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Five things to know about Dengue fever

The Nigeria Centre for Disease Control and Prevention (NCDC), on Saturday said 13 cases of dengue fever have been confirmed in Sokoto State. In a…

The Nigeria Centre for Disease Control and Prevention (NCDC), on Saturday said 13 cases of dengue fever have been confirmed in Sokoto State.

In a statement posted on its official website, the Director-General of the NCDC, Dr Ifedayo Adetifa, said the outbreak was detected in November.

Adetifa said so far, 71 suspected cases and 13 confirmed cases had been reported in three local government areas across the state.

He said 60 cases were reported from Sokoto South, three cases from Wamako and one case from Dange Shuni.

He, however, said no death had been recorded from the outbreak.

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“The majority of the suspected cases reported fall between the age range of 21- 40 years,” he said.

Adetifa said the current risk level of the dengue outbreak is moderate based on a dynamic risk assessment.

According to him, there is currently adequate in-country capacity (including technical, health workforce, and diagnostic) to respond effectively in the event of a large-scale outbreak.

What is Dengue fever?

According to Mayo Clinic, Dengue (also spelled as DENG-gey) fever is a mosquito-borne illness that occurs in tropical and subtropical areas of the world, with millions of cases of dengue infection occurring worldwide each year.

Dengue fever is most common in Southeast Asia, the western Pacific islands, Latin America and Africa. But the disease has been spreading to new areas, including local outbreaks in Europe and southern parts of the United States.

Most people recover within a week or so. In some cases, symptoms worsen and can become life-threatening. This is called severe dengue, dengue hemorrhagic fever or dengue shock syndrome.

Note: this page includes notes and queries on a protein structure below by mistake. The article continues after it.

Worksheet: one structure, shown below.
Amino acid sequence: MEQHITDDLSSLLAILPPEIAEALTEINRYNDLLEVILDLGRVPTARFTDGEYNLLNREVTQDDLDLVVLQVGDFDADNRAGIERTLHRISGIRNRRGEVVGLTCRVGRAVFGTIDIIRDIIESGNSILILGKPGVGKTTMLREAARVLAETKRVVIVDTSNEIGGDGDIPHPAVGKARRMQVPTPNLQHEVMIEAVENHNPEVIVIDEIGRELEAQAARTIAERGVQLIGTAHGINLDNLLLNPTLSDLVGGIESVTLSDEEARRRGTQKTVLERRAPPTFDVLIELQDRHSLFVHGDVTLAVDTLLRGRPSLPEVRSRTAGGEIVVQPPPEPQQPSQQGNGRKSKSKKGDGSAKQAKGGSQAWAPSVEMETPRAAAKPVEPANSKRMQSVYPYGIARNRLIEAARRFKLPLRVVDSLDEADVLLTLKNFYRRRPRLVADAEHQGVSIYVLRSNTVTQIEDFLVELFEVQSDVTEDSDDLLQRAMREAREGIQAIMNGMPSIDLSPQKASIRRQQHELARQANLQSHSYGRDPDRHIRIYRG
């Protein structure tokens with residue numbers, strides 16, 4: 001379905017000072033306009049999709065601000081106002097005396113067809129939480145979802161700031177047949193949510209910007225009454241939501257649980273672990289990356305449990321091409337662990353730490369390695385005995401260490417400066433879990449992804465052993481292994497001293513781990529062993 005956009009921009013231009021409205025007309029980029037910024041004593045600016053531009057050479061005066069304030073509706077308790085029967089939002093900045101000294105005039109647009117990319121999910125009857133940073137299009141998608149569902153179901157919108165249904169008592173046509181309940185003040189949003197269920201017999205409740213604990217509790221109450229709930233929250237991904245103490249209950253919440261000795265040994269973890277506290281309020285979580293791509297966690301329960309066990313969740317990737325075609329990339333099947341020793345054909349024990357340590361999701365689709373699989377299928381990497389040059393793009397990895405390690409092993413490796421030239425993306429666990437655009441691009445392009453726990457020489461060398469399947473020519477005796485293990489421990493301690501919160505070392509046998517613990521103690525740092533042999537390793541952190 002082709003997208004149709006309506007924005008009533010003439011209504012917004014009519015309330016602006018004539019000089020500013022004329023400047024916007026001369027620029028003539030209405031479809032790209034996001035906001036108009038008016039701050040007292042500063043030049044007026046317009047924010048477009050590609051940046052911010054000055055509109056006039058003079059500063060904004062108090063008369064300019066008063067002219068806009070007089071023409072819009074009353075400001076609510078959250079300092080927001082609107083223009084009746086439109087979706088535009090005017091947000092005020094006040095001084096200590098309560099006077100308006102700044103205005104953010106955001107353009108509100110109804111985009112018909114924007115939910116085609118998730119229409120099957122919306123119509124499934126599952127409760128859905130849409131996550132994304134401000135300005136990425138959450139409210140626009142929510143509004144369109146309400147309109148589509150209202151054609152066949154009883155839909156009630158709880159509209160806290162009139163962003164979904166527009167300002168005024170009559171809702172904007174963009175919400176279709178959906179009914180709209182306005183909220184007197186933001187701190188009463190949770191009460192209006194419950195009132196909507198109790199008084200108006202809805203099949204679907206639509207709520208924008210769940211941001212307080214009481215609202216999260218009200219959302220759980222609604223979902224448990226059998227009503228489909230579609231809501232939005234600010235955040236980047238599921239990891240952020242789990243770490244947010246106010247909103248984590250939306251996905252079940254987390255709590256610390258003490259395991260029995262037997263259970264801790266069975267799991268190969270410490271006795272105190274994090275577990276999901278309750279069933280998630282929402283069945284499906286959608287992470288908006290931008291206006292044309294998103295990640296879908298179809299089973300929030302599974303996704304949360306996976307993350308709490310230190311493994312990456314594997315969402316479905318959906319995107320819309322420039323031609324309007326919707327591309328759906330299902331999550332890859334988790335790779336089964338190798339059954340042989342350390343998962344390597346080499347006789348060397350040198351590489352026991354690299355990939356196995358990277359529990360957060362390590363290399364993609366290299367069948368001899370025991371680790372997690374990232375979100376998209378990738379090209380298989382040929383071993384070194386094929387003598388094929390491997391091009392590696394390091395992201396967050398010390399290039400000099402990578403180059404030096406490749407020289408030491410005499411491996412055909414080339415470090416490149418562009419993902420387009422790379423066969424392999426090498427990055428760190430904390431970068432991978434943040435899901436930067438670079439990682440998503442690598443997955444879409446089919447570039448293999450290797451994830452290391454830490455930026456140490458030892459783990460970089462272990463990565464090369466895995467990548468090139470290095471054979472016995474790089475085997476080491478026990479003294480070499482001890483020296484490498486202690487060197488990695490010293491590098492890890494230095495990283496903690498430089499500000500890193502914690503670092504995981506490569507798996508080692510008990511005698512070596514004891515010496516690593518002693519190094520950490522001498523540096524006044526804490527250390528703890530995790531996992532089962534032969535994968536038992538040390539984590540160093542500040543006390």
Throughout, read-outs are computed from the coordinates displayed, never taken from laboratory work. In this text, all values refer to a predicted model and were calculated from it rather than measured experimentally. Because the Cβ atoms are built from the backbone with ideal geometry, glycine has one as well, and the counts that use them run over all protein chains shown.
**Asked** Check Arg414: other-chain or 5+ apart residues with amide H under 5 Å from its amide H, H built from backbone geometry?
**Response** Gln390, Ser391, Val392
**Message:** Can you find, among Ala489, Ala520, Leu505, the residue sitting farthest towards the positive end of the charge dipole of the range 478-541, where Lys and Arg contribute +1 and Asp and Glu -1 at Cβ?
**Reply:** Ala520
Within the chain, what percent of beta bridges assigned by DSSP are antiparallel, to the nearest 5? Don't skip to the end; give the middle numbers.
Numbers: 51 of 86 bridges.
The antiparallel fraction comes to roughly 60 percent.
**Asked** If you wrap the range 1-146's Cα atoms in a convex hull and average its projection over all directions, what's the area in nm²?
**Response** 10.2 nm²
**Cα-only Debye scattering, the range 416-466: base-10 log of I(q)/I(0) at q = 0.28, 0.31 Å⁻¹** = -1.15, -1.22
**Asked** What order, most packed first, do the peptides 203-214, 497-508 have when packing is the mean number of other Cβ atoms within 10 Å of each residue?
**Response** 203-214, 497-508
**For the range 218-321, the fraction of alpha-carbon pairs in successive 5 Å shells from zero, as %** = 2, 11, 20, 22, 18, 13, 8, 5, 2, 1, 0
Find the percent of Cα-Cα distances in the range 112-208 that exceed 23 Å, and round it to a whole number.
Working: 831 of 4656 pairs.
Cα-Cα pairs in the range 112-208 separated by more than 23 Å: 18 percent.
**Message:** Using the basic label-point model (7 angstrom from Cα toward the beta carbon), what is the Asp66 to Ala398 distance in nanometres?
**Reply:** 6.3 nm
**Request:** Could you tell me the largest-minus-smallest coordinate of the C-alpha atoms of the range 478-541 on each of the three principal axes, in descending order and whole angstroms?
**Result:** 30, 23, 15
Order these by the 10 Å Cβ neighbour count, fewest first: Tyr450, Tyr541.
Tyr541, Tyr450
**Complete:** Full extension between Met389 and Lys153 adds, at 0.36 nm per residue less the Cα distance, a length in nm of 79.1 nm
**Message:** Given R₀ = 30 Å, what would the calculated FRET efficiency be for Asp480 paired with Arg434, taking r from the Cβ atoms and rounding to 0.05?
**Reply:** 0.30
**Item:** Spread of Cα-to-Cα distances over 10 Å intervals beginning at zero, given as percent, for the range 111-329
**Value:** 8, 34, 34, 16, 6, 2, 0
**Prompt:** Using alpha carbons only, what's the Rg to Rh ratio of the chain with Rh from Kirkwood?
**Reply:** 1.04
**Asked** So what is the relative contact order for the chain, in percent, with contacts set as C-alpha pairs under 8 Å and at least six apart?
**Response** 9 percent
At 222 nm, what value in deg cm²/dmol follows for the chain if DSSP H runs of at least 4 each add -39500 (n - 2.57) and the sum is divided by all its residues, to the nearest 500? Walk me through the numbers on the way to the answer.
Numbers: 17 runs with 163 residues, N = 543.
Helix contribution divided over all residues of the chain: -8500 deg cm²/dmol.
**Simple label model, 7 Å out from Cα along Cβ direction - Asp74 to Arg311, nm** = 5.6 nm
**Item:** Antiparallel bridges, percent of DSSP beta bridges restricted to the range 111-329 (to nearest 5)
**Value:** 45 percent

Mild symptoms

Mild dengue fever causes a high fever and flu-like symptoms. The severe form of dengue fever, also called dengue hemorrhagic fever, can cause serious bleeding, a sudden drop in blood pressure (shock) and death.

However, it is reported that most people experience no signs or symptoms of a dengue infection.

When symptoms do occur, they may be mistaken for other illnesses — such as the flu — and usually begin four to 10 days after you are bitten by an infected mosquito.

The mild symptoms usually include: headache, muscle, bone or joint pain, nausea, vomiting, pain behind the eyes, swollen glands, rash.

Severe symptoms

Severe dengue happens when your blood vessels become damaged and leaky. And the number of clot-forming cells (platelets) in your bloodstream drops. This can lead to shock, internal bleeding, organ failure and even death.

Warning signs of severe dengue fever — which is a life-threatening emergency — can develop quickly. The warning signs usually begin the first day or two after your fever goes away, and may include: severe stomach pain, persistent vomiting, bleeding from your gums or nose, blood in your urine, stools or vomit, bleeding under the skin (which might look like bruising), difficult or rapid breathing, fatigue, irritability or restlessness.


Researchers are working on dengue fever vaccines. For now, in areas where dengue fever is common, the best ways to prevent infection are to avoid being bitten by mosquitoes and to take steps to reduce the mosquito population.

When to see a doctor

Severe dengue fever is a life-threatening medical emergency. Seek immediate medical attention if you have recently visited an area in which dengue fever is known to occur, you have had a fever and you develop any of the warning signs.

Warning signs include severe stomach pain, vomiting, difficulty breathing, or blood in your nose, gums, vomit or stools.

If you’ve been traveling recently and develop a fever and mild symptoms of dengue fever, call your doctor.

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